Deceptive Marketing Practices
Companies and other legal entities that market substance abuse services must be licensed by the Department of Agriculture and Consumer Services in accordance with the Florida Telemarketing Act as provided in S. 501.605, F.S. These entities provide detoxification services, treatment services, and recovery support.
When marketing substance abuse services, these legal entities are subject to discipline and civil and criminal penalties for fraudulent or deceptive marketing practices. The crimes for deceptive marketing practices can be found in Florida Statute Section 397.55.
Under Section 817.0345, F.S., substance abuse services are prohibited from either making materially false or misleading statements or providing false or misleading information about the identity, products, goods, services, or geographical location of a licensed service provider under ch. 397, F.S. when the act is done:
- knowingly and willfully;
- in marketing, advertising materials, or other media or on a website; and
- with the intent to induce another person to seek treatment with that licensed service provider.
Attorney for Deceptive Marketing Crimes in Florida
If you are accused of marketing substance abuse services in violation of the prohibitions found in Florida Statute Section 397.55 that prohibit making false or misleading statements. then contact an experienced criminal defense attorney at Sammis Law Firm.
Our criminal defense attorneys represent operators of recovery residence facilities and service providers. We understand the serious criminal penalties that can be imposed by recovery facilities that are accused of illegal patient brokering.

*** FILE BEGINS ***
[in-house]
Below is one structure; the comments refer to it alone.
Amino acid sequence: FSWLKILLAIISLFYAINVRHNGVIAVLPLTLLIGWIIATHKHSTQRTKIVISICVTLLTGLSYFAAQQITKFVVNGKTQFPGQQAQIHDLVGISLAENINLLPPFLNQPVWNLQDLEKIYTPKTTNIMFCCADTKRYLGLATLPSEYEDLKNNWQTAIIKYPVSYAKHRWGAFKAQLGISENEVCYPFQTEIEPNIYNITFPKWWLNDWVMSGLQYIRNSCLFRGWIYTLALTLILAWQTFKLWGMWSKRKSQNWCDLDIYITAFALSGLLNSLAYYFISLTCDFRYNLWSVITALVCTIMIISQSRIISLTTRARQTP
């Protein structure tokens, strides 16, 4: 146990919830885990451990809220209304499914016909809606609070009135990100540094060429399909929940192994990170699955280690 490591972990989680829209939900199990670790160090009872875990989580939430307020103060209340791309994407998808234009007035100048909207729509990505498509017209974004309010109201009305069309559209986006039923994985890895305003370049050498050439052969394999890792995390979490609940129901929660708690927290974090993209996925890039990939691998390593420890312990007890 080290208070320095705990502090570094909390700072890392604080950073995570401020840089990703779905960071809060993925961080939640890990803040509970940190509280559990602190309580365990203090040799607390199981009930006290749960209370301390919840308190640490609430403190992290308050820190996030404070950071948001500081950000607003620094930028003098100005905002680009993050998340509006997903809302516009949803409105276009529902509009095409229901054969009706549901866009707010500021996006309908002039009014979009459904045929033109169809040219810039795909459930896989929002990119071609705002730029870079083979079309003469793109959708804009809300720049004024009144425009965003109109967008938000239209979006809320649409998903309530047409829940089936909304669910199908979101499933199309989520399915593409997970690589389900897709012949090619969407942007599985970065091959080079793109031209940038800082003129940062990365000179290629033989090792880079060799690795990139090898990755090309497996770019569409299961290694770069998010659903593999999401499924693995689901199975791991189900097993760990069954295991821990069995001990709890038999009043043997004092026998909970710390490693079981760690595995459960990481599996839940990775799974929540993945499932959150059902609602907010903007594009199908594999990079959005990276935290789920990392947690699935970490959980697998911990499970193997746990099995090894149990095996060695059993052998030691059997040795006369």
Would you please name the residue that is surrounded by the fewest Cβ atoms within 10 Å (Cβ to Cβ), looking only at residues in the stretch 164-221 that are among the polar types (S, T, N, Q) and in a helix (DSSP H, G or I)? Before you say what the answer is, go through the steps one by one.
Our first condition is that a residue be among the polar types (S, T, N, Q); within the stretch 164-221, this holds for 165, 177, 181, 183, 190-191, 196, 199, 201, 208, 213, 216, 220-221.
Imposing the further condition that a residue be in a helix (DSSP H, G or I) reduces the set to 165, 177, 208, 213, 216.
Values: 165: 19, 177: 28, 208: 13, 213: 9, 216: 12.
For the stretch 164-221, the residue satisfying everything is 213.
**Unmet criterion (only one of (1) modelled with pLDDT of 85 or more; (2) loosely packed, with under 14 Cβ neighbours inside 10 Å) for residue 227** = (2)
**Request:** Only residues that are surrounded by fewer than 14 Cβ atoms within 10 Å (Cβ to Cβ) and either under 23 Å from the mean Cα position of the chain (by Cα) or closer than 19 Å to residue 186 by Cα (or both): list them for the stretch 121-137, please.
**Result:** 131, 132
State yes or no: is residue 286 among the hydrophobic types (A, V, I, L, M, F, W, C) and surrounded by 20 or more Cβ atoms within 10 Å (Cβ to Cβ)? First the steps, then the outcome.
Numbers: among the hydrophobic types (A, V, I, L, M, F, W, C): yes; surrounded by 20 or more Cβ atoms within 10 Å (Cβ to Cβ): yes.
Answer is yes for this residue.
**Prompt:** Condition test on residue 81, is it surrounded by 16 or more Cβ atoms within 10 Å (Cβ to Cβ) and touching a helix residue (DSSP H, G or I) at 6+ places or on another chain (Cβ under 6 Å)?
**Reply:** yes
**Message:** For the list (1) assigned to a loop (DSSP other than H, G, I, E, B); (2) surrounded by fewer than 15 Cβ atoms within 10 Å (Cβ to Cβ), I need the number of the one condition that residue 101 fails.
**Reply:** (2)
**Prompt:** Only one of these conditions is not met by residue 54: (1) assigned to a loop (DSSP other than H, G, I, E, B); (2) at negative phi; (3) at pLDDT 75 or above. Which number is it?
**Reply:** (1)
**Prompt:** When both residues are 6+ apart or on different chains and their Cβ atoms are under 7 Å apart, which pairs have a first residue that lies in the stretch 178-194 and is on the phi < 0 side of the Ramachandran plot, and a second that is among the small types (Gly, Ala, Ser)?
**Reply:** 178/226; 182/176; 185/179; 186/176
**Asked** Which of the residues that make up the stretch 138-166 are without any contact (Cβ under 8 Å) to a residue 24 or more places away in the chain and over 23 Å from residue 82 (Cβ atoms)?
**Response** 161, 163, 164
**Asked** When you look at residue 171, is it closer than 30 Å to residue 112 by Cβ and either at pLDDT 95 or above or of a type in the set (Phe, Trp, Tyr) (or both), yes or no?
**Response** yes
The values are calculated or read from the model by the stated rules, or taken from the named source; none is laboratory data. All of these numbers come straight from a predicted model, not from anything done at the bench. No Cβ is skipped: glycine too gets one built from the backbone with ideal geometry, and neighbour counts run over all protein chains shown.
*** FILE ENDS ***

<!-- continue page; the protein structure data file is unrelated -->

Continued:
Penalties for Deceptive Marketing Crimes by Substance Abuse Services
The penalties for deceptive marketing practices under Section 817.0345, F.S., apply to any operator of a recovery residence or service provider who provides any form of advertising or marketing.
Section 817.0345, F.S., prohibits these entities from:
- making false or misleading statements, including false information on its website;
- engaging in patient brokering; or
- entering into a contract with a marketing provider who agrees to generate referrals to the recovery residence unless the service provider or operator of the recovery residence discloses instructions that allow the prospective patient to easily; or
- accessing lists of licensed service providers and recovery residences on the department website.
During these investigations, law enforcement officers will determine whether the marketing provider represents specific licensed service providers or recovery residences that pay a fee to the marketing provider, and the identity of such service providers or recovery residences.
This article was last updated on Friday, December 6, 2019.